Etymology
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No results were found for thirdness. Showing results for thickness.
thickness (n.)
Old English þicness "density, viscosity, hardness; depth; anything thick or heavy; darkness; thicket;" see thick + -ness.
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singlet (n.)
"unlined woolen garment," c. 1746, from single (adj.) in clothing sense of "unlined, of one thickness" (late 14c.) + -et, apparently in imitation of doublet.
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spissitude (n.)
"density, thickness, compactness," mid-15c., from Latin spissitudo "thickness, density," from spissus "thick, dense, compact, close" (source of Italian spesso, Spanish espeso, Old French espes, French épais). Related: Spissated.
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greatness (n.)
late Old English gretnys "thickness, coarseness, stoutness;" see great + -ness. Meaning "eminence" is early 14c.
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butt-end (n.)
"thick end," 1580s," from butt (n.1) + end (n.). Meaning "the mere end," without regard to thickness, is from 1590s.
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sadness (n.)

early 14c., sadnesse, "seriousness," from sad + -ness. Meaning "sorrowfulness, dejection of mind" is by c. 1500, perhaps c. 1400, but throughout Middle English the word usually referred to "solidness, firmness, thickness, toughness; permanence, continuance; maturity; sanity."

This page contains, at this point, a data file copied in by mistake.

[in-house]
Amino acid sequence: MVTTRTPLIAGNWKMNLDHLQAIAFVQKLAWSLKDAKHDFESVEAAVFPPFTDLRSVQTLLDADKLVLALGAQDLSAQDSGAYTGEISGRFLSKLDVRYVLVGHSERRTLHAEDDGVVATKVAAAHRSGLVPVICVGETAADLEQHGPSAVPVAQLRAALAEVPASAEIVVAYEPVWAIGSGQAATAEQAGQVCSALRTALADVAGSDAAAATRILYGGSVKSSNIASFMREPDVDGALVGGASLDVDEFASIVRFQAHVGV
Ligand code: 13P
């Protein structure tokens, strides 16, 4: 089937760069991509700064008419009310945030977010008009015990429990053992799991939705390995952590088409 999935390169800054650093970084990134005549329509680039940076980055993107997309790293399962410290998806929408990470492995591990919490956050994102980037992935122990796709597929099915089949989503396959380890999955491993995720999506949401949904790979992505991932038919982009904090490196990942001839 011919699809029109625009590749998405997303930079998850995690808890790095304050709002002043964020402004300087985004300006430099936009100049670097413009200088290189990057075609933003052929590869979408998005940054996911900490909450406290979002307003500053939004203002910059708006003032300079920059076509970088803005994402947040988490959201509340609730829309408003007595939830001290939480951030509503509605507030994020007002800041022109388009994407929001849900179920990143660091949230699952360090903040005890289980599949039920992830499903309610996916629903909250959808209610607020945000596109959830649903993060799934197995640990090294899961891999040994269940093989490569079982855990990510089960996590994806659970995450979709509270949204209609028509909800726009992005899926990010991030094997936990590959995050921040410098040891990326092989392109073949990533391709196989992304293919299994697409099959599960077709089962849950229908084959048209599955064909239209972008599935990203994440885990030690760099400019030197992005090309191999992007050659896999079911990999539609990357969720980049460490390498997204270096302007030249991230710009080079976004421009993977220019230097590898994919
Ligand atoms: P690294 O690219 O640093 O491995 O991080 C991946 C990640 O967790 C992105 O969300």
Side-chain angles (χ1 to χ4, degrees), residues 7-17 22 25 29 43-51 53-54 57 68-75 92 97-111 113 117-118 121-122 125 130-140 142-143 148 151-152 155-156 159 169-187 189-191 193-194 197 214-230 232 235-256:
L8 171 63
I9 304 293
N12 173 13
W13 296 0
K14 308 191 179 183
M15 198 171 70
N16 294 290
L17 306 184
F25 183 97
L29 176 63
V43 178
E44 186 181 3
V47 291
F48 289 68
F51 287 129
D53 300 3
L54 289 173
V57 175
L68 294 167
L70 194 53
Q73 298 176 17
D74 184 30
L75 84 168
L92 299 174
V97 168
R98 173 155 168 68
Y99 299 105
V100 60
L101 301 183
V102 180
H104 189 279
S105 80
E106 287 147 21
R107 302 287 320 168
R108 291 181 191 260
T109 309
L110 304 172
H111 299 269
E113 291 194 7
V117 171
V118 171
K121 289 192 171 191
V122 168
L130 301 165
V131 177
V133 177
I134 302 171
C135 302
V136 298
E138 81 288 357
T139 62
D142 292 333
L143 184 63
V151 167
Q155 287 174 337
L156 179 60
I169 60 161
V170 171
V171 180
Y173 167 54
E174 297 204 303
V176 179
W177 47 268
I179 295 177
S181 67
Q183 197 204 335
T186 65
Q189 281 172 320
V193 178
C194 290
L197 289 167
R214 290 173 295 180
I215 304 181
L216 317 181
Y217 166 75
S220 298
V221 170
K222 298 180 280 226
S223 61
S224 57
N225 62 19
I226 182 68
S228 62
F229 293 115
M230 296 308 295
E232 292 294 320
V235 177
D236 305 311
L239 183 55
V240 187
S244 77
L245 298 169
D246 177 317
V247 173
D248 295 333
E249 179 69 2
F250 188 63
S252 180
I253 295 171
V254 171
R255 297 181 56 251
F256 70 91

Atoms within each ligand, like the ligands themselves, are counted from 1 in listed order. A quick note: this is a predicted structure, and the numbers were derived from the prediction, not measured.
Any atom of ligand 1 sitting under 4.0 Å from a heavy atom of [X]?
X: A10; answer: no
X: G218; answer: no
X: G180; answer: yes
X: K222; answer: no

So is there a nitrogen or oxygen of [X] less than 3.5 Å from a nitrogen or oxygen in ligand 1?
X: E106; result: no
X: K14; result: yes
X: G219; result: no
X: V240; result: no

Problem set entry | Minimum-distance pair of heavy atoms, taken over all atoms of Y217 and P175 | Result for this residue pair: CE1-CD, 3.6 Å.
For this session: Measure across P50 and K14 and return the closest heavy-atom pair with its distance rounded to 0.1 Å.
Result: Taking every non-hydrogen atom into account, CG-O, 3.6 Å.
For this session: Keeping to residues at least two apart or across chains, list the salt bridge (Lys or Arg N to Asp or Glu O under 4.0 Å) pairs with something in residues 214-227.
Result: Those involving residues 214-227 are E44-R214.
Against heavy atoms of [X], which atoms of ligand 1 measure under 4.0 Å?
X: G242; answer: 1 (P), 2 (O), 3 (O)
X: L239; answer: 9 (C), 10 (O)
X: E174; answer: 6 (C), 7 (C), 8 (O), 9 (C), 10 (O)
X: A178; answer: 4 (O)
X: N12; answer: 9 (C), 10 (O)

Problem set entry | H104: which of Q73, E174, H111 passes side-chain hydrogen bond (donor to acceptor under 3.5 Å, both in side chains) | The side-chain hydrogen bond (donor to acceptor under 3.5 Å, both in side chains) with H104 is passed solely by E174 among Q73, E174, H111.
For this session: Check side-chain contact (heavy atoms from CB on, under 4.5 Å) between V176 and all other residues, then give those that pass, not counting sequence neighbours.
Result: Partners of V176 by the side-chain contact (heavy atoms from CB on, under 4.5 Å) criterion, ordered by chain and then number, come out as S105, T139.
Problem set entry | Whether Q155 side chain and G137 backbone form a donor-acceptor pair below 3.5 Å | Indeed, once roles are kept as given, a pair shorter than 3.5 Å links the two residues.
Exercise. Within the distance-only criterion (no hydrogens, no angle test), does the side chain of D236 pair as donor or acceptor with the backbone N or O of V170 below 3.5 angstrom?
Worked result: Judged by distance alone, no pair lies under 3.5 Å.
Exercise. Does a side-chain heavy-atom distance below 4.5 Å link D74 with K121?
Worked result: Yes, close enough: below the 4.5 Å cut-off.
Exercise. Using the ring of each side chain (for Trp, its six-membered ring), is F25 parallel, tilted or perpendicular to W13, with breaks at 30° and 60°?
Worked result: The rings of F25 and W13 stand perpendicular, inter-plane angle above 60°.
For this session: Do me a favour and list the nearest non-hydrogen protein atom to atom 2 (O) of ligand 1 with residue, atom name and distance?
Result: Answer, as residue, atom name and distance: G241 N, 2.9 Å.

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density (n.)

c. 1600, "quality of being very close or compact," from French densité (16c.), from Old French dempsité (13c.), from Latin densitas "thickness," from densus "thick, dense" (see dense). In physics, "the mass of matter per unit of bulk," 1660s.

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layer (n.)
late 14c., "one who or that lays" (especially stones, "a mason"), agent noun from lay (v.). Passive sense of "a thickness of some material laid over a surface" is first recorded 1610s, but because the earliest English use was in cookery this is perhaps from French liue "binding," used of a thickened sauce. Of hens from 1707. Layer cake attested from 1875.
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M 

13th letter of the English alphabet, from Greek mu, from Semitic mem. It represents a very stable and unchanging sound in Indo-European, described by Johnson as "a kind of humming inward." The Roman symbol for 1,000; sometimes used in this sense in English 15c.-16c.; but in late 20c. newspaper headlines it stands for million. As a thickness of type, from 1680s (commonly spelled out, em).

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crass (adj.)

1540s, "thick, coarse, gross, not thin or fine," from French crasse (16c.), from Latin crassus "solid, thick, fat; dense," which is of unknown origin.

The literal sense always has been rare in English. The meaning in reference to personal qualities, etc., "grossly stupid, obtuse" is recorded from 1650s, from French. Middle English had cras (adj.) "slow, sluggish, tardy" (mid-15c.), also crassitude "thickness." Related: Crassly; crassness.

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